Maisch said our Worker Compensation System covers injuries not caused at the workplace with compensation levels that have become artificially inflated.  Employers, large and small, spend a total of $3 billion dollars a year on worker’s compensation in Illinois.

Last Wednesday the House Labor and Commerce Committee held a hearing on a recent report from the Worker’s Compensation Commission about the effects of system reforms in 2011.  The report stated that improvements and cost savings have occurred since 2011; however, the chairman of the commission, Joann Fratianni, explained that further improvements to the workers compensation system in Illinois are still necessary.

Illinois has moved from the 3rd most costly workers compensation system in the country to the 7th, but proponents of Governor Rauner’s reforms claim that those merely touched the surface of much larger structural problems that went unaddressed in the last reforms.  

Opponents to worker’s comp reform say that the only reason why more substantial savings were not seen as a result of the 2011 reforms was because the insurance industry is keeping a larger share of the profits.  That argument seems unrealistic since Illinois has one of the largest and most competitive insurance markets in the country.  With over 300 companies competing for business one would expect considerable price competition.  

In the past two weeks at least four large manufacturing companies have announced their plans to close plants and relocate outside of Illinois due to the business climate in our state.  General Mills announced it is closing its West Chicago plant and taking 500 jobs with it; all told the job losses from the four companies will total around 1,300.  

Governor Rauner is attempting to make our business climate more competitive with other states through his five point turnaround agenda which includes worker injury compensation reforms.  Among the changes he would like to see are the creation of a workers' compensation public advocate who could assist injured workers, improvements in billing and computer support, reliance on AMA permanent injury guidelines and a more accurate reflection of the party that caused the injury.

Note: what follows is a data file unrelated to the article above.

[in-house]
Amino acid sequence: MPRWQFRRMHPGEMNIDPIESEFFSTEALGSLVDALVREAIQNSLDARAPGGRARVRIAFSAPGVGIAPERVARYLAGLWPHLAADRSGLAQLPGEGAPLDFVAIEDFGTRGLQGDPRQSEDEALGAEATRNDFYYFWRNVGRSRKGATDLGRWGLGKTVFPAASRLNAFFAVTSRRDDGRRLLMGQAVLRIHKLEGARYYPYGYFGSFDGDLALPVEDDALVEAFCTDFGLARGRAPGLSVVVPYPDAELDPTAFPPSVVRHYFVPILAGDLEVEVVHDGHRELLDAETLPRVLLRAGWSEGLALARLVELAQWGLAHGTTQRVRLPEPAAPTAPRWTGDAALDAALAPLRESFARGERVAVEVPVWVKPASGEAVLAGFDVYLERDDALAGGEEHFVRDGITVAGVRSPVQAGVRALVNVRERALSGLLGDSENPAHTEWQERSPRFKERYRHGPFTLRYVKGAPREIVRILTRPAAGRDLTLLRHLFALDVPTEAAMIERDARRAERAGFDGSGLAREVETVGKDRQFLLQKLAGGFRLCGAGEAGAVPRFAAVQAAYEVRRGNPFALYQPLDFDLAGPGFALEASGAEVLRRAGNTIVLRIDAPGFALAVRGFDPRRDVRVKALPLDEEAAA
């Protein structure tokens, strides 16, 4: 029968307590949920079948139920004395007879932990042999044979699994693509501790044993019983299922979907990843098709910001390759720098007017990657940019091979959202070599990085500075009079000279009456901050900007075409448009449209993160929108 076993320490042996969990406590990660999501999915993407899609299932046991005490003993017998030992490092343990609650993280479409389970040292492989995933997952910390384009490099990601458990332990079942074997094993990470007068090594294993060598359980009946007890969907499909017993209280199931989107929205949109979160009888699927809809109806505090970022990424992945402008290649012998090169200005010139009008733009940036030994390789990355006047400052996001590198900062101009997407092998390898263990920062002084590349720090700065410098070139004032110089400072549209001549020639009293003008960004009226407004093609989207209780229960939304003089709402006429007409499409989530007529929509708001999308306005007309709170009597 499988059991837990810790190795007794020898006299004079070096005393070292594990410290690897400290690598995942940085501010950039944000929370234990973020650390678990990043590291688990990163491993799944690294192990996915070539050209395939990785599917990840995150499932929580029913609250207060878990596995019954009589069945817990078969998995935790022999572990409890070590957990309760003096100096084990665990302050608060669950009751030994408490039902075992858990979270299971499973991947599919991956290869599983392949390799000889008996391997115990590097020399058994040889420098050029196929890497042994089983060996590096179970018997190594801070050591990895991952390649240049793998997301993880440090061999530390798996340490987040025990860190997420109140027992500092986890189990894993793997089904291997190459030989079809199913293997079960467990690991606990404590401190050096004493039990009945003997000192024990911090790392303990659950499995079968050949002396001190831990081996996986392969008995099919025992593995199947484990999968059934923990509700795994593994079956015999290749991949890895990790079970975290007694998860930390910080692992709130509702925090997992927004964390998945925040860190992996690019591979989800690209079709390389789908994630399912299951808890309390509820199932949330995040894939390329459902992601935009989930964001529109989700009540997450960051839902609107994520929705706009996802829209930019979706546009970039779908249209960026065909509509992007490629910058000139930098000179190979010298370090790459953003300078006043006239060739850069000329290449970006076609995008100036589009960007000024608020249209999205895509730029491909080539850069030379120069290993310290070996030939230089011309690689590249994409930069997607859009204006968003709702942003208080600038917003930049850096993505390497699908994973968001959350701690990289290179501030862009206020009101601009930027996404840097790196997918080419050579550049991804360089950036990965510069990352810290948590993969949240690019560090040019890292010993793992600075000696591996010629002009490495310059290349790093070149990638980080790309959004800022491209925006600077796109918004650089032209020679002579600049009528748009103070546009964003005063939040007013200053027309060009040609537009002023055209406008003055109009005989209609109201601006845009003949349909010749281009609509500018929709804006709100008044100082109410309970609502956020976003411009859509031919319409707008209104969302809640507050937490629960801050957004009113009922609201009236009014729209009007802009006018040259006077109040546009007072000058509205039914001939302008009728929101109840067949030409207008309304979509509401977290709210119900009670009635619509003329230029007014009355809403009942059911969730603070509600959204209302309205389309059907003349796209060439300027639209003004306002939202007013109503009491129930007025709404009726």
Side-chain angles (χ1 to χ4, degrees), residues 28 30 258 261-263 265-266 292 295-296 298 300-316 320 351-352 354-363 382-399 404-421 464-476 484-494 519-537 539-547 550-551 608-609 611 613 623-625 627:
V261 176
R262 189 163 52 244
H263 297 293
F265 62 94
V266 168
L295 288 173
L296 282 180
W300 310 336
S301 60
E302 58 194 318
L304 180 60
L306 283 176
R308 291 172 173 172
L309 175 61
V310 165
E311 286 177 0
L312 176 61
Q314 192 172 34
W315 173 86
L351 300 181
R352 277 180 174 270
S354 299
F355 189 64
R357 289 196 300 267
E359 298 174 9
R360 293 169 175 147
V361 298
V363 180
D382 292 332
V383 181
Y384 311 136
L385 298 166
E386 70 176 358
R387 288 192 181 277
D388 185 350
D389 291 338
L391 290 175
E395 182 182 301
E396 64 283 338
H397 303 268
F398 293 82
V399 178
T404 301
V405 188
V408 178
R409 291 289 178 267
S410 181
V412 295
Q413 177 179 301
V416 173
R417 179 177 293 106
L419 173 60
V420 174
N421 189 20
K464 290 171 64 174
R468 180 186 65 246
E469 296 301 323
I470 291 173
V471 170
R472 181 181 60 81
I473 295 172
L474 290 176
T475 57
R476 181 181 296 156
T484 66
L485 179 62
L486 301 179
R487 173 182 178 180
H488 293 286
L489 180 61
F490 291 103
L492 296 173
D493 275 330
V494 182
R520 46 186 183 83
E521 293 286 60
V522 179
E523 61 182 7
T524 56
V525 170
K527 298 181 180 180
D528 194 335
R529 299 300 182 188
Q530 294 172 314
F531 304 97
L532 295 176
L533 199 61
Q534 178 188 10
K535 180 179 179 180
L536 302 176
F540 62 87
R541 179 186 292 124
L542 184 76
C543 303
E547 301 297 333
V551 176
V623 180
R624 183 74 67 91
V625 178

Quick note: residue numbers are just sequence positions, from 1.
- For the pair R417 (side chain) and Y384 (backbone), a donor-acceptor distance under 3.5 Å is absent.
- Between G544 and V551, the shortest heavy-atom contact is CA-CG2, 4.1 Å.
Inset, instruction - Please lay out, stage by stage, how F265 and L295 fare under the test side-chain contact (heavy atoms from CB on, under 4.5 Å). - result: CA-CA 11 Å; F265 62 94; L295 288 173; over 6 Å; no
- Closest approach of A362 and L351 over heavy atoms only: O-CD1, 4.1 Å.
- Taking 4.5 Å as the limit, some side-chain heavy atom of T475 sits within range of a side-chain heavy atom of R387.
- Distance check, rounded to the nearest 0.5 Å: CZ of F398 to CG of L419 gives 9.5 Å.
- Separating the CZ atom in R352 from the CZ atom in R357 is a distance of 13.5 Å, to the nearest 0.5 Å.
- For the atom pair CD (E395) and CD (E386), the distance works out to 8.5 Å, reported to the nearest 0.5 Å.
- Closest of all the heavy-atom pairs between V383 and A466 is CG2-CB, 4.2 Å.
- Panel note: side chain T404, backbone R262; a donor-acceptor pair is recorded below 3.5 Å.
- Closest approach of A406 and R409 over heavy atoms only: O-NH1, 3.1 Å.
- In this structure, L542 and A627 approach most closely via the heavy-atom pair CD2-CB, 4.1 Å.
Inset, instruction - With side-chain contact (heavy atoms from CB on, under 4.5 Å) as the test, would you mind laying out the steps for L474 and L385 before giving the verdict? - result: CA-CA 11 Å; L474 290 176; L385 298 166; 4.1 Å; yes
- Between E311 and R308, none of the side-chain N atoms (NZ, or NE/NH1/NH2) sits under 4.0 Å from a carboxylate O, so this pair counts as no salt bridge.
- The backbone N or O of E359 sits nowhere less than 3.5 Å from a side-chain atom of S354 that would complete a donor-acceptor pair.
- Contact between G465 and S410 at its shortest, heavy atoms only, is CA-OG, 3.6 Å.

Temporary Budget Push Continues
Rather than engage in a discussion about a full-year budget, the Speaker of the House continues to push for one-month spending authorization.  One bill covering what the Speaker considers tier one services is on the Governor’s desk while a second bill covering tier two services failed on a vote in the House.  Both bills base the one-month spending on a full-year amount that is nearly $4 billion more than revenue.

As the State of Illinois enters its fourth week of the new fiscal year, there are no signs the Speaker is willing to negotiate with the Governor over his demands for reforms that will make Illinois more competitive, create jobs, and limit spending to no more than available revenue. 

Whole House Discusses Budget Process
The House held another Committee of the Whole last week with the topic this time being the budget reductions to five more program areas.  I imagine the purpose of the nearly three hour exercise was to point out the witnesses’ experiences with the programs.  The testimony certainly didn’t add any new information to what had already been discussed in various committees.

What was new, however, was an admission by Majority Leader Representative Currie that people crafting the Legislative budget did not determine how much revenue the state would take in before they developed their spending plans.  Despite a constitution requirement, Illinois hasn’t had a truly balanced budget since 2001.  As a result, Illinois has had its credit ratings and reputation squandered, and built a considerable debt.

In 1991, Illinois faced a similar budget standoff with Governor Jim Edgar and, again, Speaker Madigan.  At that time the budget faced a shortfall of almost half of what it is this year.  A budget was finally passed three weeks in to July back then because both sides compromised.  The Speaker, 24 years later and with Illinois in even worse financial shape, has been unwilling to budge this time.

State Has Another Symbol
Just in time for eating, sweet corn has been named the official state vegetable.  SB800 was signed into law last week by the Governor after a strong lobbying effort by 4th graders at the Chatham Elementary School.  Now maybe “mom” can get the kids to eat their vegetables at meals.

Illinois' new state vegetable joins 19 other state symbols such as the state animal (white-tailed deer), state flower (violet), state insect (monarch butterfly) and state soil (drummer).  I have a coloring book of symbols if you would like one for your “little ones.”

I look forward to seeing you at one of our events this week.